During downward flow through the individual cells, particulate matter is entrapped within the layer or layers of granular filter media. Eventually, however, the particulate matter will clog the filter media, thereby impairing the filtering capability of the system. Thus, there is a need for periodic cleaning of the individual filter cells, typically by way of a backwash operation where backwash liquid is reverse flowed through the filter cells, one after the other, until the entire tank has been backwashed. It is also known to maintain such units in continuous operation during cleaning of individual cells, through the use of a traveling bridge device which moves from one filter cell to the next, backwashing individual cells while permitting the normal filtration process to continue in the remaining cells.
The overall construction of the filtration tank of this invention is generally similar to that described in commonly owned U.S. Pat. No. 4,859,330, incorporated herein by reference. In that patent, a combined backwash/air scour system is disclosed, but the general arrangement of the tank, filter cells and traveling bridge is similar. Generally, the tank is of rectangular shape, with longitudinal side walls and transverse end walls. An interior partition wall extending between the end walls and parallel to the side walls (closer to one side wall than the other) divides the tank into a filtrate channel running along side the cells in the longitudinal direction of the tank. Each cell, defined by transverse partitions extending between the interior partition wall and the other side wall, has an outlet port below the filter media in the cell and communicating with the filtrate channel through the interior partition wall, also referred to herein as the channel wall.
In typical gravity flow filtration systems of this type, the associated traveling bridge includes a collection hood which is adapted to seal against or at least come into close proximity to the partitions forming each cell, and this collection hood serves to carry away the backwash water flowing upwardly through the cell. The bridge also carries a backwash pump which is submerged within the adjacent filtrate channel, and which supplies backwash water to each cell. A backwash shoe mechanism is connected to the pump discharge pipe and includes an outlet which is adapted to align with individual cell outlets. The backwash shoe is held in continuous engagement with the interior partition or channel wall of the tank so that backwash water can be pumped into the individual cell outlets in a direction counter to normal filtration flow, as the bridge moves successively to each cell.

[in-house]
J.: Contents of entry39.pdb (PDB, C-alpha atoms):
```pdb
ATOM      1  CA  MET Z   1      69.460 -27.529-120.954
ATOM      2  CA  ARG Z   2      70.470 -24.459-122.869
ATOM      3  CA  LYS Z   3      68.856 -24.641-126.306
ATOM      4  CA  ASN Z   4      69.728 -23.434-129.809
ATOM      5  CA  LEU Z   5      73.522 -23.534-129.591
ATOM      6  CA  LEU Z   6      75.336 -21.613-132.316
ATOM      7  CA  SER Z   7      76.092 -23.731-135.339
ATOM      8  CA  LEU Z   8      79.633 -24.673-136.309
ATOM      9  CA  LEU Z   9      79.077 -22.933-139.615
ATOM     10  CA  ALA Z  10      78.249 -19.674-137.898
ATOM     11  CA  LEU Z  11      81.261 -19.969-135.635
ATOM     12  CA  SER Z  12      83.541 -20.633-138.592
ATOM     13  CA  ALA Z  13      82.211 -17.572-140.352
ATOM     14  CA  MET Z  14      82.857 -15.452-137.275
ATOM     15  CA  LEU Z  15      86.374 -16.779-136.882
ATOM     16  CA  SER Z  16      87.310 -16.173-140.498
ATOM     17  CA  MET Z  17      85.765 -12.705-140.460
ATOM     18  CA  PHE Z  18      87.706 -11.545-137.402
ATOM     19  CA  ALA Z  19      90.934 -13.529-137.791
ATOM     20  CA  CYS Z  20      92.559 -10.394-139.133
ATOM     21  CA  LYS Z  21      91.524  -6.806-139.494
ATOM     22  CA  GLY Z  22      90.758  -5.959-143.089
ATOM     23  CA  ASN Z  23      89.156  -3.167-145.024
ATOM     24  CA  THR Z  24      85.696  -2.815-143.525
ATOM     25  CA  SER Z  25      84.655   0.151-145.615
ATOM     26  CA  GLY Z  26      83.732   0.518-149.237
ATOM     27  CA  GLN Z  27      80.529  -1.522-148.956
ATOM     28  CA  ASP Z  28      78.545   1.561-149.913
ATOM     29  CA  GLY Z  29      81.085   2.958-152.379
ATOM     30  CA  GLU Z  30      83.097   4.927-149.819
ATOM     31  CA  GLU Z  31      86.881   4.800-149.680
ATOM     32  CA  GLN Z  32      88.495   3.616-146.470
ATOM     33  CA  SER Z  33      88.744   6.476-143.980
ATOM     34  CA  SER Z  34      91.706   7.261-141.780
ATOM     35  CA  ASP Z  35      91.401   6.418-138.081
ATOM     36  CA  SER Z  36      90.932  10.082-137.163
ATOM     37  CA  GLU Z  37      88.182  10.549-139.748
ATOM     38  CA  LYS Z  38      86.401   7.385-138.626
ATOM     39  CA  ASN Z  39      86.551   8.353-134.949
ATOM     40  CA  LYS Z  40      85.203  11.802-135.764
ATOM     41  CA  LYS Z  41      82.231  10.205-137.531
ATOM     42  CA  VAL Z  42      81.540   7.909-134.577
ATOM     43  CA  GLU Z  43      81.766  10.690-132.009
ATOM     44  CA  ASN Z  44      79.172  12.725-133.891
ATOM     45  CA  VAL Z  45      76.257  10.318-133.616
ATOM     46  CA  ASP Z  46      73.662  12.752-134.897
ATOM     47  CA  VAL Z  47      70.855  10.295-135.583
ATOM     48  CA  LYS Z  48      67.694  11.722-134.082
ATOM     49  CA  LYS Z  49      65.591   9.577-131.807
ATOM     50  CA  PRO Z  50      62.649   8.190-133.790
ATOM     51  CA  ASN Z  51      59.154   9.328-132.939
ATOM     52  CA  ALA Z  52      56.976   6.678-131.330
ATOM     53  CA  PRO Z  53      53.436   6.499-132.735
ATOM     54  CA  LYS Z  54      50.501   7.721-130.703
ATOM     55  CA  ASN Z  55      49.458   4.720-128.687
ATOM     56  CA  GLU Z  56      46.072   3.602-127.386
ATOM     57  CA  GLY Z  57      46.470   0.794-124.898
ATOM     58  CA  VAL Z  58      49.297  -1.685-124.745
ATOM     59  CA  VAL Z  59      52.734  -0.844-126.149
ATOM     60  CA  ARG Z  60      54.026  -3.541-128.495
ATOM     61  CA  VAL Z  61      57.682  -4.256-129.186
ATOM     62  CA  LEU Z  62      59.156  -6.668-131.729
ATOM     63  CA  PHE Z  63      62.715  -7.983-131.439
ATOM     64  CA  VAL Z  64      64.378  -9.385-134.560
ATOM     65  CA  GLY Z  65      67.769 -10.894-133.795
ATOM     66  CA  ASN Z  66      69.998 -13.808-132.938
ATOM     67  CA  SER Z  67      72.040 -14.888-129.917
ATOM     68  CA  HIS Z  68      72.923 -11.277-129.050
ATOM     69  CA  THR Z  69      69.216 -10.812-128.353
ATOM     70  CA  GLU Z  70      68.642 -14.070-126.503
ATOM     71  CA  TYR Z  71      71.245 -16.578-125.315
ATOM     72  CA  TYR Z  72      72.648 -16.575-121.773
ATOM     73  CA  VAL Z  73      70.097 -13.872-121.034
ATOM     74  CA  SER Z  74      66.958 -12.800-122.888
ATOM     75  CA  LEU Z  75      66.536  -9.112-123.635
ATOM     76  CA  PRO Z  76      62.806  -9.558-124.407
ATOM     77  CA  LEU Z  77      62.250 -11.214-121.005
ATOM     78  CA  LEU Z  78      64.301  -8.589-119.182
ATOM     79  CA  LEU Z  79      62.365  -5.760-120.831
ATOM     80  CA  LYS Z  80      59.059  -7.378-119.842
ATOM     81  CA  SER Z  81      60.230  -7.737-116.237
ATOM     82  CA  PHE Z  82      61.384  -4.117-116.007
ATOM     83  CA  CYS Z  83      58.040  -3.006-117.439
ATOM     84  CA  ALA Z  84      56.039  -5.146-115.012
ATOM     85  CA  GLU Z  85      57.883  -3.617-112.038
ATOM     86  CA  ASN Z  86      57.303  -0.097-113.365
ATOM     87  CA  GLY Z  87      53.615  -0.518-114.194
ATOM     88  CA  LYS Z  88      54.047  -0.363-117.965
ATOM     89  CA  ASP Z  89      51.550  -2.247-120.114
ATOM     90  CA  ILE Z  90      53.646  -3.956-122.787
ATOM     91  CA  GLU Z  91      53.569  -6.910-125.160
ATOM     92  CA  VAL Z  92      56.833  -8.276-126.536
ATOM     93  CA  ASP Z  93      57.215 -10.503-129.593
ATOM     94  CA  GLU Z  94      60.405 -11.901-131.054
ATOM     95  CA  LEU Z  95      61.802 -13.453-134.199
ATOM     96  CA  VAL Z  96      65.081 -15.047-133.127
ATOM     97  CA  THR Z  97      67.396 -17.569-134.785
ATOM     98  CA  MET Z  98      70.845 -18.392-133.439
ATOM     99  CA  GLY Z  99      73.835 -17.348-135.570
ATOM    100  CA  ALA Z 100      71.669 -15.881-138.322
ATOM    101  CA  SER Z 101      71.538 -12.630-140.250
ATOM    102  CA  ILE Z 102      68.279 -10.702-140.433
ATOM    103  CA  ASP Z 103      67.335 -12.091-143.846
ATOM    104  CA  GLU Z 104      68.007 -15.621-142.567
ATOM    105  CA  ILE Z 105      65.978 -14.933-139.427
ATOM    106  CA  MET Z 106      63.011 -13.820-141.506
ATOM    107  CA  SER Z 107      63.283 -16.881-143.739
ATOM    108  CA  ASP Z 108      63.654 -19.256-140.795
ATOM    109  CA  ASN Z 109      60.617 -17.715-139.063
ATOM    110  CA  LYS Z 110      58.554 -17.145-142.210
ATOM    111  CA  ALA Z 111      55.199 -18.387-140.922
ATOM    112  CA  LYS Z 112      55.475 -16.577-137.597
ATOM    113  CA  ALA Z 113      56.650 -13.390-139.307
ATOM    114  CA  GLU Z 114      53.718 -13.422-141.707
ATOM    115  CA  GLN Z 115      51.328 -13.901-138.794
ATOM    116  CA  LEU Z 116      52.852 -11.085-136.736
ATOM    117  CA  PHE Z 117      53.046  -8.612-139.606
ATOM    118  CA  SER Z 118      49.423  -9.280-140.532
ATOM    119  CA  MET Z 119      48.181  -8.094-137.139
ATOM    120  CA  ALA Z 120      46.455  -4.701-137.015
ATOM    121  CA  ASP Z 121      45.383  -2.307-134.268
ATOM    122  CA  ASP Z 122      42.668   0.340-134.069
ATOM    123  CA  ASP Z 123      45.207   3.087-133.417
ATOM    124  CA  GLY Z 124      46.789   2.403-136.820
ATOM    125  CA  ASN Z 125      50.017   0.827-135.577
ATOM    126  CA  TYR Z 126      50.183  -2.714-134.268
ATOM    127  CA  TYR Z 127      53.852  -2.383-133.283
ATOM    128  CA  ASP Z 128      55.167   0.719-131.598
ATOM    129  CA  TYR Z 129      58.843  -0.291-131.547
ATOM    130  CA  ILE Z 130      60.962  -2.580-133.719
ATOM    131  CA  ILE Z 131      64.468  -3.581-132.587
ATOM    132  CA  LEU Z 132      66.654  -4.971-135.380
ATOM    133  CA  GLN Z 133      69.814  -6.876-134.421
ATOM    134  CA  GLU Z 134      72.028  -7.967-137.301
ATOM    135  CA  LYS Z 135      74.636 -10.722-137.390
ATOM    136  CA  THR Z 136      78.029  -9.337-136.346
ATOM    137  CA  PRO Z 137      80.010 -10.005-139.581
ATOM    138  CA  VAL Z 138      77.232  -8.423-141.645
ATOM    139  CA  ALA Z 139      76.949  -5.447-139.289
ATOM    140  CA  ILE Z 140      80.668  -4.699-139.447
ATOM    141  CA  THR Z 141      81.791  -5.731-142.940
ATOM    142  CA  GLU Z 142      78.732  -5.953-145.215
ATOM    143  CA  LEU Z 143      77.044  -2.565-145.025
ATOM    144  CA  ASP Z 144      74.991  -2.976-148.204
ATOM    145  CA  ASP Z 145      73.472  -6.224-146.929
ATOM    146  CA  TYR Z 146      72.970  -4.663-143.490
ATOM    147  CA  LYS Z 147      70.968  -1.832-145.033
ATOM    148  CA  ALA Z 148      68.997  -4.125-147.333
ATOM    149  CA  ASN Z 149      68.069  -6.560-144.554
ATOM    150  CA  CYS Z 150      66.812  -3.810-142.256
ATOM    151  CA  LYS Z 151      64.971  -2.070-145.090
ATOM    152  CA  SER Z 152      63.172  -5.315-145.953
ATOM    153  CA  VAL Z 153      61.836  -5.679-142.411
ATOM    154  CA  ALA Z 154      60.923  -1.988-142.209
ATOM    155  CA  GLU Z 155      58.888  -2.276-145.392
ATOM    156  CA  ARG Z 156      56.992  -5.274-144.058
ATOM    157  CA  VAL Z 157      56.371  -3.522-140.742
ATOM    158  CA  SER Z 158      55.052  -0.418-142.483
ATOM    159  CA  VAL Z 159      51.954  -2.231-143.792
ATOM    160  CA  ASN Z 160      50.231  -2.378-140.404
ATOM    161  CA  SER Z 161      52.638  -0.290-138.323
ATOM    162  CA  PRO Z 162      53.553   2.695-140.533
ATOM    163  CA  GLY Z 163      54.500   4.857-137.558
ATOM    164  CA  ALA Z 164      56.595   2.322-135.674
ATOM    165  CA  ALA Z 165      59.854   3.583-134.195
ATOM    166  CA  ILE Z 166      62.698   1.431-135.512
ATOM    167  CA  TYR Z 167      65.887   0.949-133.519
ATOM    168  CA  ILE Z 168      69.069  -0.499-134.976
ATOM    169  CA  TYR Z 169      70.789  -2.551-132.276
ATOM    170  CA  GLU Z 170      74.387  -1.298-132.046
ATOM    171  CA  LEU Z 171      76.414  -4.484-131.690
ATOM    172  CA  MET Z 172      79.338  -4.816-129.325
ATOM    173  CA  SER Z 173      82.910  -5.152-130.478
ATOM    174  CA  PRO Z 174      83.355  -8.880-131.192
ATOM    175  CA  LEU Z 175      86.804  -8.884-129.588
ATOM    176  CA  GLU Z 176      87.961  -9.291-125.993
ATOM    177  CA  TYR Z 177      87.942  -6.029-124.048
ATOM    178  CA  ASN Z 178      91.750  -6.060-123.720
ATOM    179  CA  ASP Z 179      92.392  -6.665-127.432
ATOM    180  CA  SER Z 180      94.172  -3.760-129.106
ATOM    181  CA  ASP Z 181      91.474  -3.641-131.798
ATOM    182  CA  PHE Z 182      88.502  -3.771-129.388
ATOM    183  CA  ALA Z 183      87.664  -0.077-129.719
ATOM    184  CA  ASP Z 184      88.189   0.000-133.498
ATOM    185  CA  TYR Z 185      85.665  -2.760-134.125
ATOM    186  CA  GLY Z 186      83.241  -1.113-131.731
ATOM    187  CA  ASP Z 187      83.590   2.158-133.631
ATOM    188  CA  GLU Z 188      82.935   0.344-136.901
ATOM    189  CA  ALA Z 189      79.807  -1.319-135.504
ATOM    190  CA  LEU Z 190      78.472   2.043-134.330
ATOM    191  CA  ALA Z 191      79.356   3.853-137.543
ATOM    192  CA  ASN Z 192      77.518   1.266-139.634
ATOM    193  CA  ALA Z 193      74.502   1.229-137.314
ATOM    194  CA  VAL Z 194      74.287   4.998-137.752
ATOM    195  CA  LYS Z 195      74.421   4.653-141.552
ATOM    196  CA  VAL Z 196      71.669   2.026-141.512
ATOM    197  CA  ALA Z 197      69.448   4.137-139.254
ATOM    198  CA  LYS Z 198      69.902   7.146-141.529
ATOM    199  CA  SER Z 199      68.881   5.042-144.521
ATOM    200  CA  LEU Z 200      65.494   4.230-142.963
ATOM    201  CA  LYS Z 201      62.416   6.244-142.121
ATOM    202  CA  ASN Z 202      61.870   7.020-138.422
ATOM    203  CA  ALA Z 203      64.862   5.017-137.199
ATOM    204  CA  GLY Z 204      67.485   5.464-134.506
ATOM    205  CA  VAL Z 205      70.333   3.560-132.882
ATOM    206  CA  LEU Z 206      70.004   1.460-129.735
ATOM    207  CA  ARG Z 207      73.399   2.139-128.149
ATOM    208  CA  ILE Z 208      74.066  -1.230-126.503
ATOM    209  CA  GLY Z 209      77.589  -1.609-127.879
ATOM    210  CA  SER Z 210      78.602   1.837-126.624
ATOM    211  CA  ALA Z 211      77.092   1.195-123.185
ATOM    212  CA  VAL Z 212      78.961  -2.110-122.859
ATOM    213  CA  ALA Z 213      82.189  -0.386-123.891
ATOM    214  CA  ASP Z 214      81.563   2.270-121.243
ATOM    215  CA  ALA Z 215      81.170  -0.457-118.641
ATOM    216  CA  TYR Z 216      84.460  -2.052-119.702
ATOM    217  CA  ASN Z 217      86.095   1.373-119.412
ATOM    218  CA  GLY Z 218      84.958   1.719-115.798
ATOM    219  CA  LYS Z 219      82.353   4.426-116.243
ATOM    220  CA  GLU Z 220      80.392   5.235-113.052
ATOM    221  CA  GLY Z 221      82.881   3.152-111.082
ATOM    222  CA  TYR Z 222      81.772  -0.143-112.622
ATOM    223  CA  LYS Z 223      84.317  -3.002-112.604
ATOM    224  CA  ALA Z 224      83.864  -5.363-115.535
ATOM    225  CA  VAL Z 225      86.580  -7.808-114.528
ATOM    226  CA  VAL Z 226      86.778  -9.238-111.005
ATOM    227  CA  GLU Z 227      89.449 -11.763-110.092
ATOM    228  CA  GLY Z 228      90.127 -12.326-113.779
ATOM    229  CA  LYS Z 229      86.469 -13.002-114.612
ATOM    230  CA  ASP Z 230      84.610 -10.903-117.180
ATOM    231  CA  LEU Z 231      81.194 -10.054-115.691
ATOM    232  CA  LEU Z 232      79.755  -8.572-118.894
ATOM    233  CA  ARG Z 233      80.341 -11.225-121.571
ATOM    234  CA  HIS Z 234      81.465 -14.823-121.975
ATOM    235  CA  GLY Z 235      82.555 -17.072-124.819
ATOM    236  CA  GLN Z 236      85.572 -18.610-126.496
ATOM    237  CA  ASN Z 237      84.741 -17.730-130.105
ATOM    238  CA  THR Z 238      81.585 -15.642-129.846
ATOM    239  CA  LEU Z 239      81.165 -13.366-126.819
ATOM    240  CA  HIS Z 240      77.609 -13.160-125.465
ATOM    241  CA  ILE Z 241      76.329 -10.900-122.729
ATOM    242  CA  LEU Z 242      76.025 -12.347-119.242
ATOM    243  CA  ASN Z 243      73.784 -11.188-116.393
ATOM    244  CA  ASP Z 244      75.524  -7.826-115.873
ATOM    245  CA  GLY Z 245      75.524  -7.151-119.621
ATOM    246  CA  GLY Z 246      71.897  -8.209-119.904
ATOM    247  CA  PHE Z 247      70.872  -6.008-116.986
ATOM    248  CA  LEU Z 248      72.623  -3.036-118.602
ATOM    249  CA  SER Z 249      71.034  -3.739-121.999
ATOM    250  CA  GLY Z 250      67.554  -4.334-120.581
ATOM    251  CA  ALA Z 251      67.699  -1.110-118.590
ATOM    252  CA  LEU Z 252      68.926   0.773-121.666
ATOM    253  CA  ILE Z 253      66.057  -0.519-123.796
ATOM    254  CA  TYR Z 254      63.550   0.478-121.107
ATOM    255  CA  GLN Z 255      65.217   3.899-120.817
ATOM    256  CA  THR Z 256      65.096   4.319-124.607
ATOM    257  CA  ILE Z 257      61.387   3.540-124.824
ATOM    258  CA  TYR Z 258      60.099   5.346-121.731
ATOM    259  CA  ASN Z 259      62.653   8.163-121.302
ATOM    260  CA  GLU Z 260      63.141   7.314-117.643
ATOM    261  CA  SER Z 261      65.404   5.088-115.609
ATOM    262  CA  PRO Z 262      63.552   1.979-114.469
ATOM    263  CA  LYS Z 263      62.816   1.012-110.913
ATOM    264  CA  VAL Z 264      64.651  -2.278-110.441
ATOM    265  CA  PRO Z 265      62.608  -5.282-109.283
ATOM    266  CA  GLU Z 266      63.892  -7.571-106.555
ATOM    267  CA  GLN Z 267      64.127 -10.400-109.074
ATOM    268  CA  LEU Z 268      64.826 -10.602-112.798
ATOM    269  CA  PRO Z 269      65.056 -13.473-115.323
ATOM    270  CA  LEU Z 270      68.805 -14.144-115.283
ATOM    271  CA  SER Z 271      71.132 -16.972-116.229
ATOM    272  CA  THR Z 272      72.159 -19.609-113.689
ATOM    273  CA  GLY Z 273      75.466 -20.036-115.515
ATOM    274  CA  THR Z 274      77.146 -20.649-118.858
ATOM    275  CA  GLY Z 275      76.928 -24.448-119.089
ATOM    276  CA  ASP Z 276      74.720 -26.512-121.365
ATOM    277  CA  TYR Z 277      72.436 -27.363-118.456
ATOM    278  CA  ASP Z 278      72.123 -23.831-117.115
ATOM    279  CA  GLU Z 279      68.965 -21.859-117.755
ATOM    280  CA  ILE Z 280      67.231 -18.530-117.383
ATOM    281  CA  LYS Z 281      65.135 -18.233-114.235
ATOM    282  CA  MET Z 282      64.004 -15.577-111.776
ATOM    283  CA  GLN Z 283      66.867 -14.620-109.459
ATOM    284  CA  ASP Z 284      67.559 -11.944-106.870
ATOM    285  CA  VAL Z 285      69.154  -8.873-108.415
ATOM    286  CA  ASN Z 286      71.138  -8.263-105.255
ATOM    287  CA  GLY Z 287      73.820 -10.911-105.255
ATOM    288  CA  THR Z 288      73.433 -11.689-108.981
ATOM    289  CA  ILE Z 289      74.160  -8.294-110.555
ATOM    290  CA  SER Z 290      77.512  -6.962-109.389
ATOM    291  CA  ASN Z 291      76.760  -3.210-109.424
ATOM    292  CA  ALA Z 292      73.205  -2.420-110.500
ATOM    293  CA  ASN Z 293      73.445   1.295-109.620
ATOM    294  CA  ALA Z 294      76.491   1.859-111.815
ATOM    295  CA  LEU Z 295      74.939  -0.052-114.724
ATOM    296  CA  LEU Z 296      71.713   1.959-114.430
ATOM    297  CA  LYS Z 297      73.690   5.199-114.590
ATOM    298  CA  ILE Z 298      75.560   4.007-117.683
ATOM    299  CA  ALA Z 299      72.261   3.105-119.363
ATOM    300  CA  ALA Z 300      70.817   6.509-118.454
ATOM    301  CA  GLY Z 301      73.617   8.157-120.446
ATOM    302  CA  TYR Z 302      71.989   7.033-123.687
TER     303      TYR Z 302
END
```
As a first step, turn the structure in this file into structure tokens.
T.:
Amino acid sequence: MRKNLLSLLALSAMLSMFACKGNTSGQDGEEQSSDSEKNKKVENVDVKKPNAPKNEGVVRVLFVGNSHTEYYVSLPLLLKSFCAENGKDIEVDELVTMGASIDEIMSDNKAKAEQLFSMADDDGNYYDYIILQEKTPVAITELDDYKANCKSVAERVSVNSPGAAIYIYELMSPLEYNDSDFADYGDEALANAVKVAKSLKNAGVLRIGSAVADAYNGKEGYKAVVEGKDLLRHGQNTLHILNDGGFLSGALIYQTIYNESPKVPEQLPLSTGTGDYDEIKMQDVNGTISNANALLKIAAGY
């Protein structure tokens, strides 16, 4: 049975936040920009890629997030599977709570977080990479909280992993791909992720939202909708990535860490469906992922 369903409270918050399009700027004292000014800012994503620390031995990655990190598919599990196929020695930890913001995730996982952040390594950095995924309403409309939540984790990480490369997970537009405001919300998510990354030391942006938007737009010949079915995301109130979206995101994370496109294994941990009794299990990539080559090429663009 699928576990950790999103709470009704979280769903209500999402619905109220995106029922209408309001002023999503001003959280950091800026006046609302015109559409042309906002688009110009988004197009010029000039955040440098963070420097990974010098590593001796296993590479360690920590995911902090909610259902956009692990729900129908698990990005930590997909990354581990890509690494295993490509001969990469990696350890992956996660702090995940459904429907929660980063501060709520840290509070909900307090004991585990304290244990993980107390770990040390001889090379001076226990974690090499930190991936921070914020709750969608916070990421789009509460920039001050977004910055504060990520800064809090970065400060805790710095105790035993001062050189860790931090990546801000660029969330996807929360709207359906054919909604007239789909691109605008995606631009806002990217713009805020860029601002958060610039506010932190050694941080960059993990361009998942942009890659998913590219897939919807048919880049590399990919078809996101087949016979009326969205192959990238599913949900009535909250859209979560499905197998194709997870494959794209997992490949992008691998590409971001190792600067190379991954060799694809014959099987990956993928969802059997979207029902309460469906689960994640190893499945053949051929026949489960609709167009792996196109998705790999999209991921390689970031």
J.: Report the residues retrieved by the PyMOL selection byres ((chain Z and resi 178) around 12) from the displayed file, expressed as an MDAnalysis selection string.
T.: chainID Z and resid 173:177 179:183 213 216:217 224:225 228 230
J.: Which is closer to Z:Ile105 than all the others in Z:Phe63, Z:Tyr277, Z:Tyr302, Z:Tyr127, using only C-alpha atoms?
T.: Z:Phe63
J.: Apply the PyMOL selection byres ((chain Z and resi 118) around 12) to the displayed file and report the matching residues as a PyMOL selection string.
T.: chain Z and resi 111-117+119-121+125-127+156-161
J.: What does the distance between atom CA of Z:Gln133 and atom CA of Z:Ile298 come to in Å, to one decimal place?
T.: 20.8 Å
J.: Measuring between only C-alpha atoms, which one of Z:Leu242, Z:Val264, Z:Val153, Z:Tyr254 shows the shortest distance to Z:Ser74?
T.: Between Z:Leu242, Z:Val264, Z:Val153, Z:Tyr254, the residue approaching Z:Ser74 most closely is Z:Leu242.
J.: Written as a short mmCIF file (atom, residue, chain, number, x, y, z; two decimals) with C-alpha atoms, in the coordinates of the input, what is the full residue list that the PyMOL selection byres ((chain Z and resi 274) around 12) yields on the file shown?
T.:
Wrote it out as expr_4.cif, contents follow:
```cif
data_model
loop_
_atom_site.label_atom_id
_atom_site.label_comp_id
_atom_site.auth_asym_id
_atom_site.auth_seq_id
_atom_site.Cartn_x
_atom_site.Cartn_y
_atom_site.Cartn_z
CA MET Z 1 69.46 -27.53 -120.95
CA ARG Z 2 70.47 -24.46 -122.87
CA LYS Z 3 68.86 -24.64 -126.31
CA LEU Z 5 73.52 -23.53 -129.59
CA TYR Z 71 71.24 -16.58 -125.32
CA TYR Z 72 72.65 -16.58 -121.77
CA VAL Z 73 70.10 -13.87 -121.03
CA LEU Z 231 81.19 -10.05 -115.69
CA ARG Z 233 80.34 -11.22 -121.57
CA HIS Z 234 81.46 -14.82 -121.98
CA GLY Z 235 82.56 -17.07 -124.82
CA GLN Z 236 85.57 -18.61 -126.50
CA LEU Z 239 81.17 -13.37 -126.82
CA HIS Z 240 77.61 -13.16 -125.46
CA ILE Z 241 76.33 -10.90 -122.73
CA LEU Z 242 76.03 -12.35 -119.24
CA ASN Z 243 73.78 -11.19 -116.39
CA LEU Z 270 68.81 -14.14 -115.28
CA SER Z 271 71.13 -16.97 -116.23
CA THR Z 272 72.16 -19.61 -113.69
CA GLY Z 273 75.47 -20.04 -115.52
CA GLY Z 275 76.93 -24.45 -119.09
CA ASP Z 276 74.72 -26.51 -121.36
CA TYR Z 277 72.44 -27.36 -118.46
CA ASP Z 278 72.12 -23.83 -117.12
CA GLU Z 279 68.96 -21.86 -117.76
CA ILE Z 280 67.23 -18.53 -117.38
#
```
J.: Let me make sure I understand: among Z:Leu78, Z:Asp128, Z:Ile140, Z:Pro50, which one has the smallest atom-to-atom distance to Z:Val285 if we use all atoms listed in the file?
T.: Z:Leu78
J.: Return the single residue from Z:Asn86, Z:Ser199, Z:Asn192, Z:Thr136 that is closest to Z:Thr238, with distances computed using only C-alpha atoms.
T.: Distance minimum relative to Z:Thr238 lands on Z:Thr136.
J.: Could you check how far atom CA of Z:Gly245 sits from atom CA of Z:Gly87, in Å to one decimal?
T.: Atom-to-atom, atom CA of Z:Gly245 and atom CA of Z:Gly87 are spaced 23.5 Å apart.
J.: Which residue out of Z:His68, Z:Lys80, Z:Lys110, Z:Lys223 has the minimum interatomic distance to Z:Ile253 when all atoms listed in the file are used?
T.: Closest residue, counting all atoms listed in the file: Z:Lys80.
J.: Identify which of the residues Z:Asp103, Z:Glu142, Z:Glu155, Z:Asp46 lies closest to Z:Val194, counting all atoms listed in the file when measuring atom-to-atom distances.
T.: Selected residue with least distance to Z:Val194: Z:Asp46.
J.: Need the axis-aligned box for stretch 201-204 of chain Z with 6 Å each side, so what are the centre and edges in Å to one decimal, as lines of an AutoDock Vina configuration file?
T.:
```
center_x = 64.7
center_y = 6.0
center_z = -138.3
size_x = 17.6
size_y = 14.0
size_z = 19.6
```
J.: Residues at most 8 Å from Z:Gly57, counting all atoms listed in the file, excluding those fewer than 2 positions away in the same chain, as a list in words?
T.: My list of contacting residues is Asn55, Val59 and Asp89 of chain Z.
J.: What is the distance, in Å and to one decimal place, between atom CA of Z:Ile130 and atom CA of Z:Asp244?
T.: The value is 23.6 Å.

The conventional method of sealing the backwash shoe to the backwash port or cell outlet is by spring tension applied in various ways, to force the shoe against the channel wall. Systems utilizing this design apply this spring tension continuously, causing the backwash shoe (which moves with the traveling bridge), to slide against the stationary wall during the entire backwash operation.
In order to reduce wear caused by the backwash shoe sliding against the wall, wear strips are attached to the backwash shoe and to the channel wall. The wear strips are hard plastic and have a flat sealing face. To effect a seal between the backwash shoe and the cell port or outlet, it is necessary that the sealing surfaces be perfectly flat and in perfect alignment with one another. In addition, sufficient spring tension must be applied to overcome back thrust resulting from the operating pressure applied to the inside of the backwash shoe. Otherwise, the shoe will not seal properly, thereby allowing a portion of the backwash water to bypass into the filtrate channel, adversely effecting the backwash cleaning of the filter media in the cell.
Due to the nature of the operating service of these types of devices, it is inevitable that sand and grit will enter the system and cause accelerated wear between the sliding backwash shoe and the stationary liner on the channel wall. As the mating faces wear, friction between the two components increases, causing an additional side load on the traveling bridge, and increasing the bypassing of backwash water around the mating surfaces of the wear strips.
In addition, the application of spring tension to the backwash shoe transmits an offset load to one side of the traveling bridge mechanism to which the backwash shoe assembly is attached in a cantilevered manner. The offset side load imparted to the bridge can cause problems with bridge tracking on the bridge guide rails, further complicating alignment of the backwash shoe and adversely affecting the sealing of the backwash shoe to the channel wall. Excessive side load imparted to the traveling bridge can even cause derailment of the bridge.